The German dream which had so nearly come true gradually evaporated on the battlefields, because in July 1914 the French Republic, under the strong leadership of Poincaré, then the head of the state, did not hesitate to carry out her obligations under the treaty of defensive alliance signed with Russia in 1892, and because the violation of Belgium’s guaranteed neutrality by the German armies roused British opinion to such a degree that the London Cabinet realized the hour had struck to pull down incipient German hegemony and chose to enter the struggle by the side of France. The war which went on for fiftyone months was essentially a war for the succession of Austria. The Europe that issued from it was formed of national communities freed from imperial moulds. In Central and Eastern Europe, it is true, the various national groups, mainly the result of German and Magyar colonization among the Slavs, were so hopelessly mixed up that the boundaries of the new states had to diverge, in many cases, from the correct ethnic frontier (exchanges of populations — then an undreamed-of procedure — would have supplied a more acceptable alternative solution), and besides, economic and strategic considerations could not be ruled out of account. But none the less the number of Europeans who, from 1918 onwards, had to live under an alien domination was reduced nearly to the incompressible limit.

The leadership of the politically rejuvenated continent devolved upon France, which is not an empire (except, beyond the seas, in the colonial conception of the word), but a compact national state where no heterogeneous element, no ethnic dissenters, are included. A League of Nations was formed, and its aim was to provide a machinery whereby future conflicts could be solved by other means than the use of brutal force. However, since it could not be presumed that nobody would attempt a warlike aggression under the new order of things and that international law would be universally respected, penal clauses (the famous Article 16) had to be inserted in the Covenant; and since it would have been futile to expect that every one of the fifty-odd member states would be ready to incur the risks involved in the enforcement of the economic and military sanctions, it was necessary to recognize that the Powers most directly interested in the preservation of the political and territorial structure of Europe should bind themselves by pacts of mutual assistance.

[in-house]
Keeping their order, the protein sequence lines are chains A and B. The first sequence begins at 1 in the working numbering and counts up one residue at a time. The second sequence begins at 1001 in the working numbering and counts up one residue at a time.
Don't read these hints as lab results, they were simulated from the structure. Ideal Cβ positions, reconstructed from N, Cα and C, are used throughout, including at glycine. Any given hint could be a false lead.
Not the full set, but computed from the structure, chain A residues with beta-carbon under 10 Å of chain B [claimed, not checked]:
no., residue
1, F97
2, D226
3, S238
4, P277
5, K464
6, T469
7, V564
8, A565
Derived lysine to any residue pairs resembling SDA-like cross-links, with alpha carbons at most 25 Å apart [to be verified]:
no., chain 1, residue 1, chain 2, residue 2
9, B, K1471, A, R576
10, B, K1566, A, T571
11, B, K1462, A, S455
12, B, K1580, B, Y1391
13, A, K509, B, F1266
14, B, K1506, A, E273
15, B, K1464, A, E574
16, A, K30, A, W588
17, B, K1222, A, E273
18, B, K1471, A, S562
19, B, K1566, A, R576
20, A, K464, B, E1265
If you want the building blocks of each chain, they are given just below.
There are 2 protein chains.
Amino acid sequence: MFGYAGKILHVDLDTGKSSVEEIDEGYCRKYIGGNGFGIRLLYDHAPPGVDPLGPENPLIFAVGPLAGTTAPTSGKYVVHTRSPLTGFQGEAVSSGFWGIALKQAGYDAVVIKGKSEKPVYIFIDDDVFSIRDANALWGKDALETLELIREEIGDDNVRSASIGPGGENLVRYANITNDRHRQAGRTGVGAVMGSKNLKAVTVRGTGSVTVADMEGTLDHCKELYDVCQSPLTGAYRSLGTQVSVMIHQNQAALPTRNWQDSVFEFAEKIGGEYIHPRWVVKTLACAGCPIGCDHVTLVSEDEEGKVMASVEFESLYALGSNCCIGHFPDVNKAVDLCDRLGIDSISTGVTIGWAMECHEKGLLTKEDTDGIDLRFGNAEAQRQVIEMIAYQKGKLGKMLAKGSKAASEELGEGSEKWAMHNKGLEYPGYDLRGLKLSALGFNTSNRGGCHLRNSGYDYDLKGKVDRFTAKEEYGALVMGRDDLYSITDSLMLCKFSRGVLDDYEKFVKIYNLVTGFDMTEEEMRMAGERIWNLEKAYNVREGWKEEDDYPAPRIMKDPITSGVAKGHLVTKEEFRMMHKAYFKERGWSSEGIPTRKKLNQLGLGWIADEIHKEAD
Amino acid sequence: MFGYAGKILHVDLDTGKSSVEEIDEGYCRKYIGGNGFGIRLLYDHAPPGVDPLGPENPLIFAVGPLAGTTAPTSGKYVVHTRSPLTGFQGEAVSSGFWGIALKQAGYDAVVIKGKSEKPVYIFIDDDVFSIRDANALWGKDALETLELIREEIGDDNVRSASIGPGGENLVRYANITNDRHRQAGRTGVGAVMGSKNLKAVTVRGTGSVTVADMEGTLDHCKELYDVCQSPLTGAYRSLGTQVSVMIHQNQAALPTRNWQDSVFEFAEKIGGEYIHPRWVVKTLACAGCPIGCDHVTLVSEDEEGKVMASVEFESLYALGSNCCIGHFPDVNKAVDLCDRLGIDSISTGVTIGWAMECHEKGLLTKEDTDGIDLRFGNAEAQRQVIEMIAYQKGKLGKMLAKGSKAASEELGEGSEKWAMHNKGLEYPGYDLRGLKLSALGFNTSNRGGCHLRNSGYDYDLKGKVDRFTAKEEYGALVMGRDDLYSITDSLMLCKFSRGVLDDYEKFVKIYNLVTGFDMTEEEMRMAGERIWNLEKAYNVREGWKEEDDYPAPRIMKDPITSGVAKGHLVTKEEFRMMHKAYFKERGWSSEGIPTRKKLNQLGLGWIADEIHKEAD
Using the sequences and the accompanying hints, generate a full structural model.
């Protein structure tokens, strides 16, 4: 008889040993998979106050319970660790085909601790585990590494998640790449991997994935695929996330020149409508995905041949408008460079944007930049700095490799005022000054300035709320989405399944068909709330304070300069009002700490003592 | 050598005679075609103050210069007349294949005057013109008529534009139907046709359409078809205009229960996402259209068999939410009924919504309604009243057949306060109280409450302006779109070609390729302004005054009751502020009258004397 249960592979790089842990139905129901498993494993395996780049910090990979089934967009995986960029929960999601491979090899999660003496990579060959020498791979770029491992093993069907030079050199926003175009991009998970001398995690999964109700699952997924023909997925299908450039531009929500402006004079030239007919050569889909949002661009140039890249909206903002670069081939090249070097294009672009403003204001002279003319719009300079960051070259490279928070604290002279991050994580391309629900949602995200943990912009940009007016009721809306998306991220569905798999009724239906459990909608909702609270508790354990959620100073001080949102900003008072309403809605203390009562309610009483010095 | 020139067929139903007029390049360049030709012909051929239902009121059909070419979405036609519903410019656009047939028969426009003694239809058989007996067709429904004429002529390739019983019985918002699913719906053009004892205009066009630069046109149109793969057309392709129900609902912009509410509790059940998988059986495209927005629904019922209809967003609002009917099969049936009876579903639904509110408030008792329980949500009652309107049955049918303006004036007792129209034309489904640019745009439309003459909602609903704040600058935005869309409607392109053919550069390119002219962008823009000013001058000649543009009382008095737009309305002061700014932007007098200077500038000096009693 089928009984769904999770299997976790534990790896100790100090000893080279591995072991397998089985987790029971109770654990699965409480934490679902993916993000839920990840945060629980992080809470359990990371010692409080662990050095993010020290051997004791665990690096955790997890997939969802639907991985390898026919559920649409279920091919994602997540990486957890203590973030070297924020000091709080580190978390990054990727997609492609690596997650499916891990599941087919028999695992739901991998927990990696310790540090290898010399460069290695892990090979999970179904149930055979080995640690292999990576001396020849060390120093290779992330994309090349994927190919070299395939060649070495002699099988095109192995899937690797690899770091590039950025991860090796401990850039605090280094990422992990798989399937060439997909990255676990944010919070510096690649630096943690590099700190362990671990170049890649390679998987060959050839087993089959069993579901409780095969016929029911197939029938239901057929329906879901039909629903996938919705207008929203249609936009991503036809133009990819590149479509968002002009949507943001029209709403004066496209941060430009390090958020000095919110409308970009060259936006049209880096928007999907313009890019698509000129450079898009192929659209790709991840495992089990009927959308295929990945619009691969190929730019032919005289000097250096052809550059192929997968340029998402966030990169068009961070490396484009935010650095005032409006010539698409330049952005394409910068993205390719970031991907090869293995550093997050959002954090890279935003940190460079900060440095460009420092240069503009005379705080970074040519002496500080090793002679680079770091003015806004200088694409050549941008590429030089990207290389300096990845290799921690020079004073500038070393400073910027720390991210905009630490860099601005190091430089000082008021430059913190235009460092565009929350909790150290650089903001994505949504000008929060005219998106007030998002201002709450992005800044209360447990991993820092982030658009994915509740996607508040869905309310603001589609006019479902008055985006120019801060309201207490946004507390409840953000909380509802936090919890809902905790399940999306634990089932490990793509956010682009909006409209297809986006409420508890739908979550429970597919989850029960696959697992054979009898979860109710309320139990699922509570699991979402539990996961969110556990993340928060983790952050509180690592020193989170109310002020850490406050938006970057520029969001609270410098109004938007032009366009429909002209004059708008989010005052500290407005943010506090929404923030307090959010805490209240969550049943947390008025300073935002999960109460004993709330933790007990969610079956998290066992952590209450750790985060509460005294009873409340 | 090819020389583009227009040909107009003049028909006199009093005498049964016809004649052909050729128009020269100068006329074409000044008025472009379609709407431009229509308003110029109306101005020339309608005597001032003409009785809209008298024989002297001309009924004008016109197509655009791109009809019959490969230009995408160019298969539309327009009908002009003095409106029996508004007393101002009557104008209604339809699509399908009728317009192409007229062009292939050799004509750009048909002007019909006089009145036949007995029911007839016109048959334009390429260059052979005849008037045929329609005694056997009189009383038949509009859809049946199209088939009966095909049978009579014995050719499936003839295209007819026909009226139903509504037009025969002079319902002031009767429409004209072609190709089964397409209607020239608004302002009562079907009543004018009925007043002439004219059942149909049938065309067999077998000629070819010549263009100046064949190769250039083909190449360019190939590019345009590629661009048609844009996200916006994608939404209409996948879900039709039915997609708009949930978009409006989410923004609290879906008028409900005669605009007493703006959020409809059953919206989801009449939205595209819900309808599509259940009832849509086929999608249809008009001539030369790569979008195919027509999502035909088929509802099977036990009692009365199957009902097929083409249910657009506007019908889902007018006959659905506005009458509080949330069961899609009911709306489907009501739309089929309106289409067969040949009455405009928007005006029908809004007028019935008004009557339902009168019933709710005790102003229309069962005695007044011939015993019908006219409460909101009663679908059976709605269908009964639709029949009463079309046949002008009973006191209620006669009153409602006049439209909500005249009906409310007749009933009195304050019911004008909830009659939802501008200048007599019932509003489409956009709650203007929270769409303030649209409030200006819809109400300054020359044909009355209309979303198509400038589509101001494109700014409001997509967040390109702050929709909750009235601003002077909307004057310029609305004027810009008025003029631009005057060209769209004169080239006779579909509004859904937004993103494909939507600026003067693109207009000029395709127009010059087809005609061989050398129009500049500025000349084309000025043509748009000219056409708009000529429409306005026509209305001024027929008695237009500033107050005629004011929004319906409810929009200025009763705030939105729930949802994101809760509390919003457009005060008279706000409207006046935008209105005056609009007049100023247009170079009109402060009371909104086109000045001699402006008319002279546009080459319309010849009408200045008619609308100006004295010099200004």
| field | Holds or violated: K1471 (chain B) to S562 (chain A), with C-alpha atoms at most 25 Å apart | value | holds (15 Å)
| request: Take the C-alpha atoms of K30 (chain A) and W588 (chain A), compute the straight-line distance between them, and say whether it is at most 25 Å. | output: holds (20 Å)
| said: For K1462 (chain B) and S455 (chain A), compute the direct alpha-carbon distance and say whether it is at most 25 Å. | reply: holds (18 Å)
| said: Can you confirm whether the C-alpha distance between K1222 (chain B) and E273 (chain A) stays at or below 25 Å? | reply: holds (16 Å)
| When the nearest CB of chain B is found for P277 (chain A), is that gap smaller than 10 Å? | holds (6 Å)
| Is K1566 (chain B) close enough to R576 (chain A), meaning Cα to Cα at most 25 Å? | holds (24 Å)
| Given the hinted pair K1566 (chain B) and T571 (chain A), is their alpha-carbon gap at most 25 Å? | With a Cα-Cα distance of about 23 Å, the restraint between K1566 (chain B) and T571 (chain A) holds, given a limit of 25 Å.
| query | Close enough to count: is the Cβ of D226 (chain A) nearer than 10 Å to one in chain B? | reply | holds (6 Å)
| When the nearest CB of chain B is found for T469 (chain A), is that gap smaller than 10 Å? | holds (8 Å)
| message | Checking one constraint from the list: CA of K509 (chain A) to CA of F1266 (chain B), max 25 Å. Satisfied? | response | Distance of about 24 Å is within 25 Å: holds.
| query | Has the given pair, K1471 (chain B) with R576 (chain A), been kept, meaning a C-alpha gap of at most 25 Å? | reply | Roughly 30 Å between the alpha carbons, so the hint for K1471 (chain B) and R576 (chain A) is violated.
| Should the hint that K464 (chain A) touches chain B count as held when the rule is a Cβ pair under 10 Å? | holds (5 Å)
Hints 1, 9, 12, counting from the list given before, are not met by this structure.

Such was the origin of the ‘French system’ of post-war alliances which was opened up by the treaty with Poland and was developed to cover Czechoslovakia (1924) and Soviet Russia (1935). The treaties of the Little Entente, intended to keep in order Hungary; the PolishRumanian alliance, directed, on the whole, against Moscow; and the treaties of diplomatic consultation between Paris, Belgrade, and Bucharest (those did not entail military obligations) were all more or less conceived in that spirit. The articles in the Treaty of Versailles about the demilitarization of the Rhineland confirmed later on in the Rhineland pact of Locarno (October 16, 1925) had the practical result of investing France with a military preponderance in the general interest of the small nations.